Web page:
To semi-quote one of the best teen rom-coms of all time, hands up if you’ve ever been personally victimised by your family because they all want to know one thing … “When are you having kids?”
It’s a tricky question for me because, for one, I’ve never been more single in my life; two, outside of wanting to make money and travel, I haven’t really decided what I want my future to look like; and three, kindly, it’s none of your business.
If my track record with pap smears is anything to go by, I’m admittedly not great at making sure my body is firing on all cylinders, and in the same vein I’ve also let the discussions around my fertility slide as well.
- Do I want to have kids right now? No.
- Do I want to have them in the future? Maybe.
Since I’m only 31 and I feel relatively young, the idea that my prime baby-making years are nearly behind me is something I hadn’t really considered, but apparently this is when you need to start looking into your options – it’s all about giving yourself more choices.
It’s so easy to let life go by as you pursue other goals and while I certainly feel like I’m not ready to be a mum, deep down I know that my biological clock is ticking and with it my store of healthy eggs is depleting.
I know that thinking about your fertility can feel a little daunting so to help ease you into the conversation, I’ve been looking into how egg-freezing is actually a great option for young women – single or otherwise.
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When should you look at freezing your eggs?
The ideal time to freeze your eggs is when you’re in your late-20s to early-30s.
At this age, your body is producing not only a higher number of eggs but also ones of a higher quality. This might not seem all that important now but when it comes to using your eggs at a later stage, you’ll be thankful you’ve suspended their growth at this age.
The process involves all of the steps involved in the IVF cycle up to and including egg collection. For more of the science behind it, click here.
As Dr. Mary Birdsall so brilliantly put it in a recent Q&A:
“guys are sperm machines … but women are born with all the eggs we’re ever going to have and once we’ve run out, we’ve run out”.
Knowing how many eggs you have will help you make an informed choice for your fertility future.
Who should look into it?
Egg-freezing is an entirely personal process so the decision is up to you, but in New Zealand egg-freezing is common amongst:
- Women in their mid-20s through to early-40s
- Single women who haven’t met the right person yet or
- Women in relationships who aren’t ready to have a baby
How does it work, will it hurt and will you need to take time off?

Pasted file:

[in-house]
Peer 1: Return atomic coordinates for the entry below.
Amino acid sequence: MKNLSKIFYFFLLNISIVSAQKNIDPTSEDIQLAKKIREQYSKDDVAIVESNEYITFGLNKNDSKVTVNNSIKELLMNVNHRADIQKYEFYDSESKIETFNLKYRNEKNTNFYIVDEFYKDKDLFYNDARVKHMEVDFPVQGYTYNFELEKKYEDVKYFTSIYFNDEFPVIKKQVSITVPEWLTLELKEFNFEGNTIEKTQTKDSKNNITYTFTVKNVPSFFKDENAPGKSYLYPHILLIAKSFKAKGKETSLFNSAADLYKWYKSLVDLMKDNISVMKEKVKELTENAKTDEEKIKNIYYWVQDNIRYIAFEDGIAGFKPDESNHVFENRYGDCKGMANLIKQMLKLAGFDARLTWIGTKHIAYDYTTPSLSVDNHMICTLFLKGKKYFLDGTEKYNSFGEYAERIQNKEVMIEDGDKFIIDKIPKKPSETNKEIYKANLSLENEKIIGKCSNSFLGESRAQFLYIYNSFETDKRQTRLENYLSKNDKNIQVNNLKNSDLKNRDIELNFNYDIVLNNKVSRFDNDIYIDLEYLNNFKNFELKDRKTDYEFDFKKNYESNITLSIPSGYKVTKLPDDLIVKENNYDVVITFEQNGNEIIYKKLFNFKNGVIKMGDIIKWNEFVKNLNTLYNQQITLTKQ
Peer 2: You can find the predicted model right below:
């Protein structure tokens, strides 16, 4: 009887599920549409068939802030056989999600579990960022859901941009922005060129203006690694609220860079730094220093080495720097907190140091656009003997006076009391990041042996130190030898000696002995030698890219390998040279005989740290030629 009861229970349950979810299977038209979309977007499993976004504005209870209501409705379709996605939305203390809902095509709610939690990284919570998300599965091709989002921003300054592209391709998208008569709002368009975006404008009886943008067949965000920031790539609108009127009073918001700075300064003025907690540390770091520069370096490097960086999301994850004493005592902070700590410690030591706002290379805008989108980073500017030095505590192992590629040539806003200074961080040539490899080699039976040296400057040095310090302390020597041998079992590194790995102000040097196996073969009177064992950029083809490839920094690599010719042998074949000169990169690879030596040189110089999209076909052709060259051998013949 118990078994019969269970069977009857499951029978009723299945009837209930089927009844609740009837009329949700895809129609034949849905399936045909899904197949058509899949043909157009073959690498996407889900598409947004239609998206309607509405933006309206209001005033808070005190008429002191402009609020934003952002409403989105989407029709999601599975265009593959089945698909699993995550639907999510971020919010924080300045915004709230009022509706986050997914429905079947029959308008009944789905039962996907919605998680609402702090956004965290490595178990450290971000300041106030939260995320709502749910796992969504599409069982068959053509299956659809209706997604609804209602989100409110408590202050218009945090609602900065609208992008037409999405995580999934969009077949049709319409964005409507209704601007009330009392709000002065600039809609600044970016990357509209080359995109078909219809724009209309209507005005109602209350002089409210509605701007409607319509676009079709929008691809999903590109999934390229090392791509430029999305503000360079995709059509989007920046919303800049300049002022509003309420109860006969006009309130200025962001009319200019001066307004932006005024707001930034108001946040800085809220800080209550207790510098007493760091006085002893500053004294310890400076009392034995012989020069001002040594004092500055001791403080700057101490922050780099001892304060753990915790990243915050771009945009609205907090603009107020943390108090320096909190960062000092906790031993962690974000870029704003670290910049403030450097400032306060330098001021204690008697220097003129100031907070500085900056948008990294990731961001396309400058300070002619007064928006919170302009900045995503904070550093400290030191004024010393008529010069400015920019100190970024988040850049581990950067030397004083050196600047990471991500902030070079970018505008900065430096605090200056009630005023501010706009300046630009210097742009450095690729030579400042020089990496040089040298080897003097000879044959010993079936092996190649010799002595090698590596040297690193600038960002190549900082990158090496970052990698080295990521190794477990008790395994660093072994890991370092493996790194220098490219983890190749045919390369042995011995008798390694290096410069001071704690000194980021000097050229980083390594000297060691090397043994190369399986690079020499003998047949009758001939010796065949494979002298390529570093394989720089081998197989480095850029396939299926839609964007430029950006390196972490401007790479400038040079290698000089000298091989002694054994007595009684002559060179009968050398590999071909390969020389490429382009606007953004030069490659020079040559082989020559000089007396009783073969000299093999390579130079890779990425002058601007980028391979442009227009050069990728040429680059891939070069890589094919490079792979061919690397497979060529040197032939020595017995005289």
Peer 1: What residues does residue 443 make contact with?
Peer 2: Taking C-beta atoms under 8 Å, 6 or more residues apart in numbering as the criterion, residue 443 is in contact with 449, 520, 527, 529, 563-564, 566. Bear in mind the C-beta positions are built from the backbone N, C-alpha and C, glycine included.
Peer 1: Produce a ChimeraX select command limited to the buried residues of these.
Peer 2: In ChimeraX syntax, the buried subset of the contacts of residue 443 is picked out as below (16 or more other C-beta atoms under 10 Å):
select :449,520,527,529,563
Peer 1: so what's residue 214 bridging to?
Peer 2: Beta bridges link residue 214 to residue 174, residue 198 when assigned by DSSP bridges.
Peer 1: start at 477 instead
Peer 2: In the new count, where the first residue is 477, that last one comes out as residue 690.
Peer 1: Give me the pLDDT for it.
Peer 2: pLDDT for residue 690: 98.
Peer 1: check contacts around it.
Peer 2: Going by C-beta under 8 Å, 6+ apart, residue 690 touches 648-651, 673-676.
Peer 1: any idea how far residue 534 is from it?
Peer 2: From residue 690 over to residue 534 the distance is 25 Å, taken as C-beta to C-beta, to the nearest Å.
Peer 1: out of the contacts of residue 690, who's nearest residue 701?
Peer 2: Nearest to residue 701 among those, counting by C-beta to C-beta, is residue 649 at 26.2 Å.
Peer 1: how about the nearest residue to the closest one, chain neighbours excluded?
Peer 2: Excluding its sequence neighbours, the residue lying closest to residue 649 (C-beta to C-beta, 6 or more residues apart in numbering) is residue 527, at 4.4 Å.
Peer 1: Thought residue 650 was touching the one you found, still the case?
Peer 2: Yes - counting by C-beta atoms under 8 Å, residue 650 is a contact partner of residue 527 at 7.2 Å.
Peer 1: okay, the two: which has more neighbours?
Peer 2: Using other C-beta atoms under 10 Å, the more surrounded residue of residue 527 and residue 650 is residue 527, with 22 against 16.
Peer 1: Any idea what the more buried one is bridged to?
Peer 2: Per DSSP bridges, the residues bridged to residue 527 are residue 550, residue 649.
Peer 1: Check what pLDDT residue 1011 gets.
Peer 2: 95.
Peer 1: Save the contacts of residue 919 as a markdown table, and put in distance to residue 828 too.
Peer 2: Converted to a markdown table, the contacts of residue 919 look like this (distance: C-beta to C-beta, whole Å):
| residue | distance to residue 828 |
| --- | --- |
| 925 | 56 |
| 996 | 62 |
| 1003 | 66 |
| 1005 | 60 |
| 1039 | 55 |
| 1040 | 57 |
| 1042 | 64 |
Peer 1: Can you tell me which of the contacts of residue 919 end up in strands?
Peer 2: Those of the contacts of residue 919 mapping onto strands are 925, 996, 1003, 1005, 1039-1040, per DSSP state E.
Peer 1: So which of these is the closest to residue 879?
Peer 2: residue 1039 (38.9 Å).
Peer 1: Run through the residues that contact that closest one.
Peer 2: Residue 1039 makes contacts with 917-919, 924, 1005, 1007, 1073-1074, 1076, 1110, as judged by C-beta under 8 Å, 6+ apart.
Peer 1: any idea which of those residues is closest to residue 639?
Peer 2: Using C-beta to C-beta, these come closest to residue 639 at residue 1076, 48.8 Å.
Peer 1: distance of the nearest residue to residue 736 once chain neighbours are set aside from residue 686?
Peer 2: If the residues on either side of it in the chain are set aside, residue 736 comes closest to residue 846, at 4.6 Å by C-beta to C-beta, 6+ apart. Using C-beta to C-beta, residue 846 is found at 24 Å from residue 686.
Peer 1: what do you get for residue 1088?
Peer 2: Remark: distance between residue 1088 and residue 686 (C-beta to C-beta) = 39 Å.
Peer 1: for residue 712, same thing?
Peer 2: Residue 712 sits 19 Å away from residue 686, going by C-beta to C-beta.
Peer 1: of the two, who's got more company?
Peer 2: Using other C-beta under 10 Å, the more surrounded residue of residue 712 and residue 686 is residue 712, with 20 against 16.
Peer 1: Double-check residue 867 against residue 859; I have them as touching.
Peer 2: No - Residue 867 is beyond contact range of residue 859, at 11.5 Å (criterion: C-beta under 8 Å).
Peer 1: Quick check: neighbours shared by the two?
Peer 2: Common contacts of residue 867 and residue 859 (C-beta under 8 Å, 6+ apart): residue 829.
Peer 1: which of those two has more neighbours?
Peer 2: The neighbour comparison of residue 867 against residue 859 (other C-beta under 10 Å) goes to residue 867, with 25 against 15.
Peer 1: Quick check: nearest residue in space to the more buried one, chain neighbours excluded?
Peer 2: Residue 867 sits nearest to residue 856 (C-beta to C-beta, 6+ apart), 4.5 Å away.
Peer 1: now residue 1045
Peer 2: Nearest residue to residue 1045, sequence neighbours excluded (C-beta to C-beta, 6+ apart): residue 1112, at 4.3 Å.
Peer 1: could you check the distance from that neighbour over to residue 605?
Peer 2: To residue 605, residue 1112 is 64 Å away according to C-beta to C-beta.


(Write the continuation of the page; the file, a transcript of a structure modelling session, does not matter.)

The process is down to a fine art so really is nothing to worry too much about.
Once you’ve had your consultation and made the choice to freeze your eggs, there is some prep work involved to help get your body ready and on the day of collection, you will need to take the day off work.
- There are 8 – 10 days of stimulation injections and a few blood tests to check your estrogen levels
- A vaginal scan – not as scary as it sounds, this is less invasive than a smear test
- 36 hours before collection you’re given a trigger injection
- You’ll receive IV sedation so you don’t feel the actual process – it takes the edge off, a bit like a champagne breakfast
- The whole procedure takes about 10 minutes
- Two hours after the procedure, your eggs are safely in the freezer and can stay there for 10+ years
- Your eggs will remain the same age at the time of their collection i.e. 29, 33, 35
For more on the nitty gritty, check out this Q&A with Dr. Mary Birdsall from Fertility Associates.
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What will your fertility and hormones look like after egg collection?
During the pre-collection phase when you’re receiving the stimulation injections, your ovaries will kick-into high gear and produce extra eggs for collection – basically saving the ones that would have died anyway. This means that freezing your eggs doesn’t deplete your bodies natural reserve and in fact, your body will continue to make a new batch each month.
With regards to hormones, your body will settle down afterwards so there are no lingering long-term affects of the treatments or the procedure.
Want to know more about freezing your eggs?
My future is fertile is the perfect way to sum everything up!
Whether you have more questions that we didn’t answer here or you’re ready to start looking into your own options, the expert nurses at Fertility Associates are ready to take your call.
Written by Monique Renee
Usually barefoot and deep in wanderlust mode, Mon loves binging Netflix, cuddling babies and stalking through Instagram looking for boho decor inspo and hotties with man buns. You’ll usually find her on holiday, planning a holiday or thinking about holidays.
Favourite Instagram to follow: @the_female_lead